An improbable pick-six by cornerback P.J. Williams in the third quarter fueled the Saints' sixth straight victory, and they head toward a clash of the NFC titans next Sunday in the Mercedes‐Benz Superdome: The 8-0 Los Angeles Rams at the 6-1 Saints.
No, Sunday night's 30-20 victory at Minnesota didn't make up for the "Minneapolis Miracle.”
But it did provide a little revenge for that crushing playoff loss in January, which ended with Stefon Diggs' stunning, 61-yard touchdown as time expired.
"Man, anybody that played here last year, they can say anything. But we definitely wanted to come in here and get this win bad," P.J. Williams said. "We knew they were a good team, this was a big game for us, and they took us out last year. So we definitely wanted to make sure we took them out today."
I can't lie y'all that was my favorite win so far this season I was looking forward to this one 😬😎 WHO DAT— Justin Hardee (@jhardee_19) October 29, 2018
Meanwhile, Saints safety Marcus Williams, who became known as the victim of the "Miracle" when he infamously missed a tackle against Diggs in January, said this game "wasn't about redemption for me."
Marcus Williams said he was playing for a greater cause -- two loved ones who recently passed away from cancer. His grandfather, with whom he was very close, passed away on Tuesday. And Sunday was the birthday of his cousin, who died a year and a half ago.
"So it was an emotional game for me just because of them. But I held it back until after the game, and I just went out there and played my all," said Marcus Williams, who said he was fortunate to get to visit his grandfather during the Saints' recent bye week. "I put them on my shoulders and I just played for them."
As Marcus Williams was talking, Saints linebacker Demario Davis shouted from a nearby locker: "Never quit story right there. Never quit. That's the headline tomorrow, 'Never quit.'"
And Marcus Williams and Diggs shared an embrace on the field after the game:
Sunday's game definitely redemption for the Saints' other Williams, P.J., who was getting picked on early and often Sunday before he turned the game around. He forced a game-changing fumble against the Vikings' dominant playmaker, Adam Thielen, in the second quarter, then returned the interception for a touchdown in the third (on a pass that was intended for Diggs, by the way).
Perhaps most importantly, Sunday's game provided reason for hope that New Orleans' embattled secondary can do enough to keep this team in serious Super Bowl contention. Nobody who watched the first 29 minutes -- or the first two months of this season, for that matter -- would have expected the Saints' secondary to lead New Orleans to its most important victory to date.
But that's exactly what happened on a night when Saints quarterback Drew Brees threw for 120 yards and threw his first interception of the season in the second quarter against a feisty Vikings defense.
It was the lowest yardage total of Brees' career when he played a full game.
The Saints' offense definitely contributed to the win (Alvin Kamara had 76 yards from scrimmage and two touchdowns, and Michael Thomas caught five passes for 81 yards). But the Saints would not have won if the defense hadn't stepped up against one of the NFL's most potent passing attacks.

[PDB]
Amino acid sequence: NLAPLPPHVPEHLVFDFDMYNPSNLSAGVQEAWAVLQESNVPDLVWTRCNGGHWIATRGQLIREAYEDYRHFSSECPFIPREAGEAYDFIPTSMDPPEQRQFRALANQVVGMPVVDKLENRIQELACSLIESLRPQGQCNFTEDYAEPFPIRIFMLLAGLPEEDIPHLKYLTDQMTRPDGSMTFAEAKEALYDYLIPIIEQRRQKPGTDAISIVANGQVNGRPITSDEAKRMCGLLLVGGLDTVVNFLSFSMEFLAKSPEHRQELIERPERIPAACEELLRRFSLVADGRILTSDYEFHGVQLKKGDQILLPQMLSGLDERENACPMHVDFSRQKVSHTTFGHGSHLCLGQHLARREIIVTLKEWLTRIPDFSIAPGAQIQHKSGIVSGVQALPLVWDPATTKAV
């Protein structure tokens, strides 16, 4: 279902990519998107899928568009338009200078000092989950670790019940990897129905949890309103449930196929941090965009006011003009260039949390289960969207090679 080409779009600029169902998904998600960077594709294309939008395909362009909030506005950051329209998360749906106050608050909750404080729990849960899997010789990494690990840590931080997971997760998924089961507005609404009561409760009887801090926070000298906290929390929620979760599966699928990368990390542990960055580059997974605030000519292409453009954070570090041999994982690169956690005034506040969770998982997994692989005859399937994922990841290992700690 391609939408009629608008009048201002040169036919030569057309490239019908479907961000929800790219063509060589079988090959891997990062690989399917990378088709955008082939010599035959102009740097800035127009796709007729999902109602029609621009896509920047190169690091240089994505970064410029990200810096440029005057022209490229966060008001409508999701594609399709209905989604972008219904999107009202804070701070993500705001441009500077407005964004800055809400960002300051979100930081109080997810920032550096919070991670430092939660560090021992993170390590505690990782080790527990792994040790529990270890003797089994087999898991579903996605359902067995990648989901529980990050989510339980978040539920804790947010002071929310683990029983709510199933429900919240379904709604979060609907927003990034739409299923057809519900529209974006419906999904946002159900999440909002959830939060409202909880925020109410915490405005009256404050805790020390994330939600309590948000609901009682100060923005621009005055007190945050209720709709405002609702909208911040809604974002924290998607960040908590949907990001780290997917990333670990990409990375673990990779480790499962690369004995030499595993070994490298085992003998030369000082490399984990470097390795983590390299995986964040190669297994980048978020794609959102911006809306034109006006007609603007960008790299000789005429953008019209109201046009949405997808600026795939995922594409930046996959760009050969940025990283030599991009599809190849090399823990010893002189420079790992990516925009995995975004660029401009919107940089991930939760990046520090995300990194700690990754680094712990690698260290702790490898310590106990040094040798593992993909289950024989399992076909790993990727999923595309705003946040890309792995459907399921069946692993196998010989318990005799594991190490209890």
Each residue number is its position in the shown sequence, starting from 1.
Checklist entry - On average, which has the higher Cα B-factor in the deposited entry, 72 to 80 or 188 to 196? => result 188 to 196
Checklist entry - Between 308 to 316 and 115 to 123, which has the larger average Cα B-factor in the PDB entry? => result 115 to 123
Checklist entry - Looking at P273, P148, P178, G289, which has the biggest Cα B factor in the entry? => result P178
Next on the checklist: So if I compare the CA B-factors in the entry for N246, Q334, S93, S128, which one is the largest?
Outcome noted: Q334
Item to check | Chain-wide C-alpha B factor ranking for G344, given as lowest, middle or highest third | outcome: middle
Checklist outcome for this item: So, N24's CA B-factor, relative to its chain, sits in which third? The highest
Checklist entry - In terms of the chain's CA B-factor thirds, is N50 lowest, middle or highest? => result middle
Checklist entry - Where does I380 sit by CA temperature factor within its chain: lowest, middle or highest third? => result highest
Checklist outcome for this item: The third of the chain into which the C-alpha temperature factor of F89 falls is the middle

Williams' forced fumble was a game-changer. He jarred the ball loose from Thielen with his helmet after Thielen had reached New Orleans' 14-yard line and Minnesota was threatening to take a 20-10 lead. Cornerback Marshon Lattimore returned it 54 yards to set up a Saints TD in the final minute of the first half.
"Really, you're telling yourself, "Man I want to make a big play, try to turn things around," P.J. Williams said. "I'm like, 'OK, I done played the worst I can play. Now let's go make a play.' That's really how I'm thinking about it. So some plays fell to me, and it was definitely a good turnaround for the team.
"I feel like we're a strong group, and I feel like we're just getting stronger."
Early in the third quarter, Lattimore broke up a pass on fourth-and-1. Then Williams snagged the interception from quarterback Kirk Cousins when Diggs didn't run to the spot where Cousins threw the ball. Then the pass rush piled on. Sheldon Rankins and Marcus Davenport each finished the game with two sacks.
"Man, we knew we had to step up," Lattimore said. "It wasn't the best game for us all the way around. But we got the key stops. P.J. had two turnovers. And we just tried to stay on 'em.
"We just had to step up to the challenge, because you know the offense is always gonna be there to do their job. And we had to step up."
Heading into this week, ESPN's Football Power Index rated New Orleans' defense as the worst in the NFL, based on its efficiency ratings.
The Saints' pass defense had become such a concern that they traded fourth- and seventh-round draft picks to acquire cornerback Eli Apple from the New York Giants earlier this week. (Apple started Sunday night, while former starter Ken Crawley was inactive. Apple got picked on a bit early but held tight in the second half like the rest of the defense).
The Saints' defense will likely battle inconsistent performances for the remainder of the season, especially with coach Sean McVay, quarterback Jared Goff, running back Todd Gurley and the Rams' dynamic receiving corps heading to town.
But if the Saints' defense can keep stepping up when needed in big moments such as these, it won't have to be traveling back to Minnesota or anywhere else come January.